East Penn Press

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PRESS PHOTOS BY JIM MARSH U.S. Congressman Charlie Dent, R-15th, answers questions after a presentation at Parkland High School April 13 to parents and students interested in the process of applying and competing for a congressional nomination to one of the country's military academies. PRESS PHOTOS BY JIM MARSH U.S. Congressman Charlie Dent, R-15th, answers questions after a presentation at Parkland High School April 13 to parents and students interested in the process of applying and competing for a congressional nomination to one of the country's military academies.
Parkland High School junior Kristen McCarty, of Orefield, listens as retired Lt. Col. Jill Maurer, of Bethlehem, describes the leadership qualities necessary for applicants to the U.S. Military Academy at West Point. Parkland High School junior Kristen McCarty, of Orefield, listens as retired Lt. Col. Jill Maurer, of Bethlehem, describes the leadership qualities necessary for applicants to the U.S. Military Academy at West Point.

U.S. Congressman Charlie Dent, R-15th, hosts students, parents at military service academy information event

Wednesday, April 17, 2013 by JIM MARSH Special to The Press in Local News

Recruiters for the nation's five military service academies were on hand April 13 for an information day hosted by U.S. Congressman Charlie Dent, R-15th.

Dent described the competitive process of applying for a Congressional nomination to one or more of the country's military service academies.

Recruiters from the U.S. Army Military Academy at West Point, N.Y.; the U.S. Naval Academy at Annapolis, Md.; the U.S. Air Force Academy, in Colorado Springs, Colo.; the U.S. Coast Guard Academy, in New London, Conn.; and the U.S. Merchant Marine Academy, in Kings Point, N.Y., provided one-on-one advice on the leadership qualities sought in applicants to the service academies.

Recruiters emphasized the importance of leadership characteristics demanded of successful academy applicants. "We don't want to hear that a student belonged to this or that group, or participated in this or that organization, and is a really good person; we are looking for leaders, and that needs to be the emphasis in the recommendation letters our applicants submit," was the message each drove home.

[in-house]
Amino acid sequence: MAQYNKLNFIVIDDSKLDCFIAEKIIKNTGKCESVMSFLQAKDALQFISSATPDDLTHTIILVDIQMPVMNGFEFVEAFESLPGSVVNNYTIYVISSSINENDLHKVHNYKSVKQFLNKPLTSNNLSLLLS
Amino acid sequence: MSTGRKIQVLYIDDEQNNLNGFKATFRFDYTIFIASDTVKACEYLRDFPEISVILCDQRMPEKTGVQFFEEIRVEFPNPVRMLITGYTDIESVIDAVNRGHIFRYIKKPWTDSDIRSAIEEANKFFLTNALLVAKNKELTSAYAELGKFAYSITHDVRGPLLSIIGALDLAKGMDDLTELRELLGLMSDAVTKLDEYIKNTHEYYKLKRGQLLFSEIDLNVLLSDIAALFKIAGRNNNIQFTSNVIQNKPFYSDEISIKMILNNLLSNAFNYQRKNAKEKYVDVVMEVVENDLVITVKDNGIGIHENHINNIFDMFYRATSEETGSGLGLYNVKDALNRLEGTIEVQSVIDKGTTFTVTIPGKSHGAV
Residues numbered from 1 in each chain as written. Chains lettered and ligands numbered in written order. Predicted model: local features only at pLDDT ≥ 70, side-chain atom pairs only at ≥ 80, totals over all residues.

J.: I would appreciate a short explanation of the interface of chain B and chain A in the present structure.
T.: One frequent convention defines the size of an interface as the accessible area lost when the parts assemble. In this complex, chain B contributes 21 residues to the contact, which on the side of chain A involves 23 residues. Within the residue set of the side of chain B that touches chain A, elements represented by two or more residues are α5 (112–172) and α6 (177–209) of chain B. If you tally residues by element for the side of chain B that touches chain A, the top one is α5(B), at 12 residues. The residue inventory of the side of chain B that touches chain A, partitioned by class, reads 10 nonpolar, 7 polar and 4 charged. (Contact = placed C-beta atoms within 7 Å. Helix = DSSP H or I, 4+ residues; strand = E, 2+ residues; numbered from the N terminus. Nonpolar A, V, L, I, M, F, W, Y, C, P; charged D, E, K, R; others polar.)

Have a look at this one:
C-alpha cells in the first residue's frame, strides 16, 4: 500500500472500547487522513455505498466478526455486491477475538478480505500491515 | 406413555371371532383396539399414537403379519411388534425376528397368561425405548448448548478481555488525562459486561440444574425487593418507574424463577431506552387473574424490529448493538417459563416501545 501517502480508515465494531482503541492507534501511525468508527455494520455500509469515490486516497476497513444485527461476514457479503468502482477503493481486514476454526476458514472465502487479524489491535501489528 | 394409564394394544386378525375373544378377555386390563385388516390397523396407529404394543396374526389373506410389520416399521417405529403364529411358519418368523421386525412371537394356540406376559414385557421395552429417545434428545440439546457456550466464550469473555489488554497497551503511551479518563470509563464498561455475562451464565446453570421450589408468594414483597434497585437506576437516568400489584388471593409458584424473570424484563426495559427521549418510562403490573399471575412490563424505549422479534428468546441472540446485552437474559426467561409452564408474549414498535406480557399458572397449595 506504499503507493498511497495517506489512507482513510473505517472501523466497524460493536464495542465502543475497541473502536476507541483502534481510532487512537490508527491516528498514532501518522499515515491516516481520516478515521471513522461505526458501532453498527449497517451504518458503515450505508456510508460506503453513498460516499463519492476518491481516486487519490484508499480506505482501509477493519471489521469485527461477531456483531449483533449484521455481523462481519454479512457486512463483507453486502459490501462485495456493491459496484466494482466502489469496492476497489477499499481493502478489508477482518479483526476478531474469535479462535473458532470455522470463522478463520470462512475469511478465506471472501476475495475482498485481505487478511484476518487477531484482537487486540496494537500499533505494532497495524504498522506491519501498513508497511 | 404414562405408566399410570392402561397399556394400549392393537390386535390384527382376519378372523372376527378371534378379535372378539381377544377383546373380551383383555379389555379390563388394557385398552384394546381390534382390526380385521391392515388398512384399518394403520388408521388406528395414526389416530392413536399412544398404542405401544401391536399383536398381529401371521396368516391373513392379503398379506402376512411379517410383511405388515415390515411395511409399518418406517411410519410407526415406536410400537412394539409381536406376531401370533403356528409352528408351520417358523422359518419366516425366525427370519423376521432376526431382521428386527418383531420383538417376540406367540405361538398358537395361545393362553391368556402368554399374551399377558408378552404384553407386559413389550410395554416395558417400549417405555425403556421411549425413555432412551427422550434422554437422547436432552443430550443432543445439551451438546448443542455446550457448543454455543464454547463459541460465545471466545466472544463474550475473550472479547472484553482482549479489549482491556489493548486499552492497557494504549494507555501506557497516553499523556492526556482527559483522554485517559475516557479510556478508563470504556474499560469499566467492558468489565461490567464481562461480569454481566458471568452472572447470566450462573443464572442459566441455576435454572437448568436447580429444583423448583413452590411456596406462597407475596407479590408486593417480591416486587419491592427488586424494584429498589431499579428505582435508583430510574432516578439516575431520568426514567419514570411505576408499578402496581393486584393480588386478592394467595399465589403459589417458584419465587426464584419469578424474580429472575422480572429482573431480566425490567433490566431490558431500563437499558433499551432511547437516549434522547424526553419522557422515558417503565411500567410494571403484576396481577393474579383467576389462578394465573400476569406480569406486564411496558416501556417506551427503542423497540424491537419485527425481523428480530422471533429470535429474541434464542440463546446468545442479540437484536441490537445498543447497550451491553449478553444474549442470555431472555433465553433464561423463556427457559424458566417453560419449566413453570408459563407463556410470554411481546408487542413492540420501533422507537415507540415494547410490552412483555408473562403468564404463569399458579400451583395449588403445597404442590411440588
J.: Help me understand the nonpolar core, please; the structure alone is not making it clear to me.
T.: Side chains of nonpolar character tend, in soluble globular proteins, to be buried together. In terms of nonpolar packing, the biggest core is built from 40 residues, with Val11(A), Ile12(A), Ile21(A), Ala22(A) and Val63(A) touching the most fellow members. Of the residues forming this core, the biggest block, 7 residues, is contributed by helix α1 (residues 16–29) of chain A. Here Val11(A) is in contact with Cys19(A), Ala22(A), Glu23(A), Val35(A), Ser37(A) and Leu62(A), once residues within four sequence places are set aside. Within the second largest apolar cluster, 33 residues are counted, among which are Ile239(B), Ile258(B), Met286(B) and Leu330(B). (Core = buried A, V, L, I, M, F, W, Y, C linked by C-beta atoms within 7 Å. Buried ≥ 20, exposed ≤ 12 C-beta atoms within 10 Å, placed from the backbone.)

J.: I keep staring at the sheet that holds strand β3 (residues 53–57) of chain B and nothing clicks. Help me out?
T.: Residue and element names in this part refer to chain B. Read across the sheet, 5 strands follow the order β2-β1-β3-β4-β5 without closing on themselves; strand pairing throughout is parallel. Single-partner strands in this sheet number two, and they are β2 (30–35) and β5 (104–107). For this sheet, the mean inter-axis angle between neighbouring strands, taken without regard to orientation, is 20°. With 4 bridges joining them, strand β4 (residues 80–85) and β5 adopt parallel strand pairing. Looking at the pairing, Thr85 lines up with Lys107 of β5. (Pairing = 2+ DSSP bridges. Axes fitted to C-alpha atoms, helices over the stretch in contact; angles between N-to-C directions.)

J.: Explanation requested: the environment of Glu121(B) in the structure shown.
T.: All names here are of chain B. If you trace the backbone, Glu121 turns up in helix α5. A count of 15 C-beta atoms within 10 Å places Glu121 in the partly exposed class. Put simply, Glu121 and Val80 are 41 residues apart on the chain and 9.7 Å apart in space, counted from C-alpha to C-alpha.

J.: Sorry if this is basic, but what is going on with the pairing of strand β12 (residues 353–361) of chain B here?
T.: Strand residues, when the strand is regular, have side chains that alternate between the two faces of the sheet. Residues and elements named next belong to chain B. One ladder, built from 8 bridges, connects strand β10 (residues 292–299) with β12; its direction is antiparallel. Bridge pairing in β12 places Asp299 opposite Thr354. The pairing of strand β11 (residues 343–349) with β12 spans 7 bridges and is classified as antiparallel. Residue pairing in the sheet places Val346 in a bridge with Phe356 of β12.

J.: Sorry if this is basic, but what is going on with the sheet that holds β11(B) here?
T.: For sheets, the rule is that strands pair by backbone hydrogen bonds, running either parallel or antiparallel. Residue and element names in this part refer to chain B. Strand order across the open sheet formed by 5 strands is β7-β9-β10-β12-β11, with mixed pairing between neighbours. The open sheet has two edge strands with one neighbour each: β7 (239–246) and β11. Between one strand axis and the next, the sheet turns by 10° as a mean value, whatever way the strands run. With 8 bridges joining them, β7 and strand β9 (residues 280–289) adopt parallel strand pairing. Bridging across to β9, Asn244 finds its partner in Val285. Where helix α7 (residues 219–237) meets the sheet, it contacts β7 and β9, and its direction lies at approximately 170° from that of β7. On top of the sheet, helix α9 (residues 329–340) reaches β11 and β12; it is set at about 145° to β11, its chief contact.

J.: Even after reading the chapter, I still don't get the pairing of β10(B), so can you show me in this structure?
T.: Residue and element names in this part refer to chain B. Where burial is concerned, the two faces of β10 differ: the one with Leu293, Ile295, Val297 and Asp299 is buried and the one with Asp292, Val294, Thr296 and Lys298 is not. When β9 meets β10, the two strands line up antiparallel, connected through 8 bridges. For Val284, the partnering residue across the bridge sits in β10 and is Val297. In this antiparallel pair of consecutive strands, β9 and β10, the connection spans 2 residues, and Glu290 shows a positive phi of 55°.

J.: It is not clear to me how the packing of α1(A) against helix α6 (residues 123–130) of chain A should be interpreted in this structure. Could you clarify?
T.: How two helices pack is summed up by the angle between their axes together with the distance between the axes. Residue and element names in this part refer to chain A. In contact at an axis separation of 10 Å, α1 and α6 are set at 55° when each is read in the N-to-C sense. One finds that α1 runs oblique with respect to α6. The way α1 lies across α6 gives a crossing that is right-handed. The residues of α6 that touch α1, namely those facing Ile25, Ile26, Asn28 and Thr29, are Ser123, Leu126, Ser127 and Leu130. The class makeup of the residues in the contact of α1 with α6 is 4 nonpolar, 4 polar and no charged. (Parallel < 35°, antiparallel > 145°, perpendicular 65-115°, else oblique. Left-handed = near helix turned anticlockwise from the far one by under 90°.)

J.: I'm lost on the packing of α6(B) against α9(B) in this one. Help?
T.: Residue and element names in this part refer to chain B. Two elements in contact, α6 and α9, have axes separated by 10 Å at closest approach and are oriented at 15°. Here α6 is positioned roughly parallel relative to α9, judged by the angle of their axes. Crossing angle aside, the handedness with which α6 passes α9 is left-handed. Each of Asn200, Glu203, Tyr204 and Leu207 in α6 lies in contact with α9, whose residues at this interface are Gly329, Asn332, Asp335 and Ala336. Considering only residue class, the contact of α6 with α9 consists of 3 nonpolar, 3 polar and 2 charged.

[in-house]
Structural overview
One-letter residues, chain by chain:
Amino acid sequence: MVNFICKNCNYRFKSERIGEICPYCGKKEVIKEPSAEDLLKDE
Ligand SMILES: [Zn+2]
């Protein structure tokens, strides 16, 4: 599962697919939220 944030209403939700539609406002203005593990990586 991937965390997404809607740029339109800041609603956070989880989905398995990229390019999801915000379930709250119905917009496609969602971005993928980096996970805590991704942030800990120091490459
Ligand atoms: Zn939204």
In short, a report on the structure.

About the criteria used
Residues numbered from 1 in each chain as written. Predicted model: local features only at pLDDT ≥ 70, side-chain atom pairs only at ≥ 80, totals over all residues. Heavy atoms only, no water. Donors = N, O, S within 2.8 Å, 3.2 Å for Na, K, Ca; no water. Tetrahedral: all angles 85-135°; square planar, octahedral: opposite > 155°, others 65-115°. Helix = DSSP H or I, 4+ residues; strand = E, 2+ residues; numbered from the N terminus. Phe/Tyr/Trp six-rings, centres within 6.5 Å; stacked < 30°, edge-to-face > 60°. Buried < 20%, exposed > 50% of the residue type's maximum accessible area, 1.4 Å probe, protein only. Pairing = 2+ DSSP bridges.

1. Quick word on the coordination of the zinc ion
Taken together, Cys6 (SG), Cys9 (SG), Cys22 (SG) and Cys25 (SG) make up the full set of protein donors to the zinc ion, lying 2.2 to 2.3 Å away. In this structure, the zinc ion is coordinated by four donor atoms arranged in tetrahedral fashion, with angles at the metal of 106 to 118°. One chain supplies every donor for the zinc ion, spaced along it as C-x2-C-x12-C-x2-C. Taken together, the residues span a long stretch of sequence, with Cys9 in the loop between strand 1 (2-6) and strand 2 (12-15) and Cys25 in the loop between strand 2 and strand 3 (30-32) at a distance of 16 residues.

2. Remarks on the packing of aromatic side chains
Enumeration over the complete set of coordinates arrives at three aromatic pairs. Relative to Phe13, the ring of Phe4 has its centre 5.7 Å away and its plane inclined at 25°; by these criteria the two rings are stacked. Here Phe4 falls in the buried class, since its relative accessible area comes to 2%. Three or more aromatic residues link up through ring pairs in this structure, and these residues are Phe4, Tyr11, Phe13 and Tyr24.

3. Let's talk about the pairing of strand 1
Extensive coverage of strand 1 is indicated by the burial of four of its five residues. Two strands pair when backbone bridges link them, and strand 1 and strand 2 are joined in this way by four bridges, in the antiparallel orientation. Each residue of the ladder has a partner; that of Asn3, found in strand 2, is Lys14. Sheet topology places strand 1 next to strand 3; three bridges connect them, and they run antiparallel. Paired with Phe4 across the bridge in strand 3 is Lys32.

Dent provided the important milestones for junior and senior students as they weave their way through the lengthy and competitive process of applying for a Congressional nomination to an academy.

"This was a great opportunity for young people who are interested in attending a university at one of our service academies to gain information about the admissions process and the requirements that go with attending and serving," Dent said.

A Dent aide said the privilege of nominating some of the best and brightest students in the 15th Congressional District to our nation's service academies is one of the most important and meaningful aspects of being a member of congress.

U.S. Service Academy graduates receive a first-rate undergraduate education, equivalent to that provided by a top-tier, Ivy League school, with options to pursue advanced degrees; spend a minimum of five years serving their country on active duty as a military officer; and are provided with an education and experience that will provide a world of career opportunities.

The full four-year scholarship is valued at more than $350,000 which includes tuition, room and board, medical and dental care and a monthly salary. Students learn discipline, moral ethics and teamwork in a structured environment that fosters leadership and character development.

Admission to a service academy is a competitive two-step process. The first step is to obtain a nomination from an authorized source. The second step is to receive an appointment from the academy. The nomination allows students to compete for the appointment but does not guarantee an appointment.